Guest Post by Pallavi Mohan
“Darlings”, a new Netflix movie, takes a dark yet comic lens on domestic abuse. Set in a Mumbai chawl, it is the story of an alcoholic husband who frequently gets drunk and beats up his wife for big and small, real and imagined incidents. Despite receiving support from her mother, neighbours and the local police cop, the wife doesn’t leave her husband. Today’s post is not a discussion of the movie but a discussion of some of the important points of law that the movie raises. For a more detailed understanding of domestic violence, please refer to the Nyaaya explainer here.
The movie shows that a friend of the abused wife complains to the police on her behalf. Is that possible?
A survivor can file a complaint, under Section 498A of the IPC, against her husband in any police station. But if she does not do so, there is no restriction on any other person filing the complaint on her behalf. This point was clarified by the Supreme Court in a 2019 judgement (Rashmi Chopra v. State of UP). The Court held that the provision does not contemplate that only a domestic violence survivor can file a complaint under Section 498A for cruelty by her husband or his relative. A relative or friend can also file the complaint on behalf of the survivor.
In the movie, the local police cop who receives the complaint is helpful and urges the survivor to file a complaint against her husband. Is the situation similar in real life?
In the past, survivors of domestic violence found it difficult to approach police stations manned only by male police officers to file their complaints. This is why the concept of Mahila Thanas (Women’s Police Stations) was introduced. It is believed that female police personnel posted at such stations are more gender-sensitive and women would be more comfortable approaching them. India’s first women-only police station was opened in Kerala in 1973. As of January 1, 2021 up, there were 551 urban and 145 rural Mahila Thanas and a total of 10,165 Women Help Desks set up in existing police stations in India. So, any woman who is facing the problem of domestic abuse can approach a Mahila Thana in her district or any other district (since Mahila Thanas can register cases of crimes against women, irrespective of the location where the incident took place) to file a complaint against an abusive husband.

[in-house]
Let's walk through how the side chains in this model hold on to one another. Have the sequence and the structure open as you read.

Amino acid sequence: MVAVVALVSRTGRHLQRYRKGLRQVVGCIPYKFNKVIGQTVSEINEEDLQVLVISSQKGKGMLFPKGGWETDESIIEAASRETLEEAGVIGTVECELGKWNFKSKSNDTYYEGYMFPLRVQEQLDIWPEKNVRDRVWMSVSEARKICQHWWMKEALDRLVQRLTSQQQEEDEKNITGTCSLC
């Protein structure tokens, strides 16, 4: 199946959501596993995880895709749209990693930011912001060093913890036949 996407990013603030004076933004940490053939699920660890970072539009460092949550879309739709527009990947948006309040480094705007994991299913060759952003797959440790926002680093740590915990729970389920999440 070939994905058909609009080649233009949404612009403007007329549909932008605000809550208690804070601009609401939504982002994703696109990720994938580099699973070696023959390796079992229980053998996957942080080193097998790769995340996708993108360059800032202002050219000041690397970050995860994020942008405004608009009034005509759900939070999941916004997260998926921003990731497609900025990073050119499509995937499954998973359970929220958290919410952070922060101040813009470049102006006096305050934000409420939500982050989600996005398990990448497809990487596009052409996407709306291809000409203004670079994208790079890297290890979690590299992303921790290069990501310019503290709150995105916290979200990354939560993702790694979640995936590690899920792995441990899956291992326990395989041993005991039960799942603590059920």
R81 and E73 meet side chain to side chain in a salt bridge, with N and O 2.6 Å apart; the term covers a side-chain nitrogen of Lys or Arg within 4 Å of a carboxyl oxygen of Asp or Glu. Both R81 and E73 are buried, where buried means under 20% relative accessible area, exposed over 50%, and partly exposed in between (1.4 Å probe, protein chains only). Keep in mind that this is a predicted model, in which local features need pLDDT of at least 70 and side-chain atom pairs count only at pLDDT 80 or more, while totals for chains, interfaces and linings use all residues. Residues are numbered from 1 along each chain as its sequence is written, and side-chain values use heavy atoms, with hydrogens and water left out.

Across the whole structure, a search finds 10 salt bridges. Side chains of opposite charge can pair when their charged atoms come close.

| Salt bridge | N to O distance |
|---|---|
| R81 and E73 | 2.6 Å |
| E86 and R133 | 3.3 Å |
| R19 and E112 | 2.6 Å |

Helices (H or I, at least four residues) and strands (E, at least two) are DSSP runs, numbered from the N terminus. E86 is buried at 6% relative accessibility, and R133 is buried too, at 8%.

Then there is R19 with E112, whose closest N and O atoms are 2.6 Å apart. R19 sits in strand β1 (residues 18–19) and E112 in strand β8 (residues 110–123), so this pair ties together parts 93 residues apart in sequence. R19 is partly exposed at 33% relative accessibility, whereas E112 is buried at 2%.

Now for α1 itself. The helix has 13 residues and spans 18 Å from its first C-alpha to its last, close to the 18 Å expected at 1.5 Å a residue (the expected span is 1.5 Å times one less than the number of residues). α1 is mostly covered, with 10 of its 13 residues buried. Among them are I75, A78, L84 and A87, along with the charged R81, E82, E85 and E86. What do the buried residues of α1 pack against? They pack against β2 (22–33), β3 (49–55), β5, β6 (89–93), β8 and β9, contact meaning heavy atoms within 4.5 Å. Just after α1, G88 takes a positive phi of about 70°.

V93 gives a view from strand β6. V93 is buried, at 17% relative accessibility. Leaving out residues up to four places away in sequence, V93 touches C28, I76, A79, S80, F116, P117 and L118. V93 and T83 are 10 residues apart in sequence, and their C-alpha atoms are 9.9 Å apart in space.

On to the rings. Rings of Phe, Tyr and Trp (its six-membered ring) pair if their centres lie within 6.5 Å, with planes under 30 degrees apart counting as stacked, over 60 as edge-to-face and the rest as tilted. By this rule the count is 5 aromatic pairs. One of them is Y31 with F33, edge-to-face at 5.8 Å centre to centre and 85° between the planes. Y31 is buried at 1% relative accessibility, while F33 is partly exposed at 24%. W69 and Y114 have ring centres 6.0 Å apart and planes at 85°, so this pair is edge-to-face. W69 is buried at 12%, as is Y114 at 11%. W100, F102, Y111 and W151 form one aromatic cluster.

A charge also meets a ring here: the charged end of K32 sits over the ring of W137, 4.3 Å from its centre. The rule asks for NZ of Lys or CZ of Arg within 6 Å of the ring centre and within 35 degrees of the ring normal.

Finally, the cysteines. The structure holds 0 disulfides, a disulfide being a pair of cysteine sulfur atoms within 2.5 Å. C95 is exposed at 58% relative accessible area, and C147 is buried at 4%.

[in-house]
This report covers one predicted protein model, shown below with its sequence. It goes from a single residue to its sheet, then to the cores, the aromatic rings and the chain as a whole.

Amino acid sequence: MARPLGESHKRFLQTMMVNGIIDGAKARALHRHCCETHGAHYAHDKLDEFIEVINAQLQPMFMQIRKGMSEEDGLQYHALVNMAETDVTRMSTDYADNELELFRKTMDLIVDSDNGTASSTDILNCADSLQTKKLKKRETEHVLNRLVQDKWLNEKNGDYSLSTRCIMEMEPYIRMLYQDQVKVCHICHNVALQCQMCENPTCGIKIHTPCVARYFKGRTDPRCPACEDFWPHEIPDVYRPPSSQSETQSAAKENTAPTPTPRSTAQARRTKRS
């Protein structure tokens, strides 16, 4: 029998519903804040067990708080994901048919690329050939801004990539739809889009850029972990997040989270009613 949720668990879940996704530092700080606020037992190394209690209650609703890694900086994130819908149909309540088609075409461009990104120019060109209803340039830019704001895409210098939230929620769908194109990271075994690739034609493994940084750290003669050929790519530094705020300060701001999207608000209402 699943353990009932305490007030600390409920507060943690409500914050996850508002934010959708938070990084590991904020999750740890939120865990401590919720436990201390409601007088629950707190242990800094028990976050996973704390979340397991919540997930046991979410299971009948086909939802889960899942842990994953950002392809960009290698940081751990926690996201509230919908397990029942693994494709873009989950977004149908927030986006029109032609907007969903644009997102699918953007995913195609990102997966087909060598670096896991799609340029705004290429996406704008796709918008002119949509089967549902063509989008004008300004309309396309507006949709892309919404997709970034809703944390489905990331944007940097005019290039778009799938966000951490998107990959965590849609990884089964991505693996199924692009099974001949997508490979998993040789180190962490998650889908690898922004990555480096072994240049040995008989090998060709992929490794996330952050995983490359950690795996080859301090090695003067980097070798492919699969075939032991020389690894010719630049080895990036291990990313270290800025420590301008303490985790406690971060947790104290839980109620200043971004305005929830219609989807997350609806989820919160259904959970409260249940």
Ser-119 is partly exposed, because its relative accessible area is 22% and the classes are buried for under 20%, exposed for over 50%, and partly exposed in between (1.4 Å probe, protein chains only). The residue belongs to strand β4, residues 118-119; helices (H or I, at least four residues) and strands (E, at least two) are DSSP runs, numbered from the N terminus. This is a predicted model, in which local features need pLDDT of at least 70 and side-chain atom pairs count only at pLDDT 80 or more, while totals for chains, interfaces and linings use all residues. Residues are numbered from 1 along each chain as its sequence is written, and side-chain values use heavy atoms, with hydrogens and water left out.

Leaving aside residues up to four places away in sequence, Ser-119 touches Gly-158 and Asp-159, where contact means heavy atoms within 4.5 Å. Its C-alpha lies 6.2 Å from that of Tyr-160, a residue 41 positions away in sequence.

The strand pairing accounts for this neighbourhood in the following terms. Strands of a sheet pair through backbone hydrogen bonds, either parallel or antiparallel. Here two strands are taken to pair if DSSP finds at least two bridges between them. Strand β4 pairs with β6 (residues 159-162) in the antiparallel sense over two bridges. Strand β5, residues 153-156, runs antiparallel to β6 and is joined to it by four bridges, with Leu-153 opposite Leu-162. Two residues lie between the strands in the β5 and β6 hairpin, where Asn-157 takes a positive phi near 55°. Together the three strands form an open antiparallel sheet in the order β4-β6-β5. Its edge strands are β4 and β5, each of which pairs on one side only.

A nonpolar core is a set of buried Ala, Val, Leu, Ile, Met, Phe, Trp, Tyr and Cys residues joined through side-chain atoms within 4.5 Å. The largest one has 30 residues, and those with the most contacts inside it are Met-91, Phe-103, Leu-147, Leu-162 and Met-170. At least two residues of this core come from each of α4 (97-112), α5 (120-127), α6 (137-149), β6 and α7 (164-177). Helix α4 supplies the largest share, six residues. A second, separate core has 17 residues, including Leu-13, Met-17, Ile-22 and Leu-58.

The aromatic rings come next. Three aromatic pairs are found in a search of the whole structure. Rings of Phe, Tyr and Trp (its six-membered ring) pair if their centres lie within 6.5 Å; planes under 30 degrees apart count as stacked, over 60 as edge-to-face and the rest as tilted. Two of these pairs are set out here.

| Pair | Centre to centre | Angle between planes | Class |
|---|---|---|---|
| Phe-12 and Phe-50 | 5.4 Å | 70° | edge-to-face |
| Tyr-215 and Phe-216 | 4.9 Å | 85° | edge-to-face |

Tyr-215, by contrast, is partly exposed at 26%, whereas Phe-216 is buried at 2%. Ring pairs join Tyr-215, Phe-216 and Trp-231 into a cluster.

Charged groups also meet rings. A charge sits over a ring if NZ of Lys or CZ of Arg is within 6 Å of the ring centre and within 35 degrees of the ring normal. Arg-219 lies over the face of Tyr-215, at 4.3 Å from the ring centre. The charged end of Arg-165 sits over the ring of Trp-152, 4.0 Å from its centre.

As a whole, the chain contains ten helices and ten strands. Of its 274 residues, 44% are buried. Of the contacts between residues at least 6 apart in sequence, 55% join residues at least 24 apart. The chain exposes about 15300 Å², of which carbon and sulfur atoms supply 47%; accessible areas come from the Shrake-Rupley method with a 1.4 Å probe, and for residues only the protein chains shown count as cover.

In the movie, the survivor’s mother and friends often urge her to leave her abusive husband and the marital home. What are the options available to women who do not have such support from their parents and friends?
The Ministry of Women and Child Development provides several options for women facing domestic abuse to find alternative living arrangements when they are not supported by their parents and friends. These include:
- One Stop Centres, also known as Sakhi Centres, that provide medical aid, police help, legal aid/case management, psychosocial counselling and temporary support services to abused women. The purpose of these One Stop Centres is to help those women who have no access to either police or medical facilities or cannot visit a police station in times of distress.
- Short Stay Homes, under the Swadhar Greh scheme, for women and girls rendered homeless because of family discord, crime, violence, mental stress, social ostracism, etc.
- Working women hostels that provide safe and conveniently located accommodation for working women, with daycare facilities for their children.
- A 24X7 phone helpline (7827-170-170 or 112) set up by the National Commission for Women that victims of domestic abuse can use for immediate help.
For district-wise information on resources to help survivors of domestic violence in Mumbai, Delhi and Bengaluru, please see our Spotlight.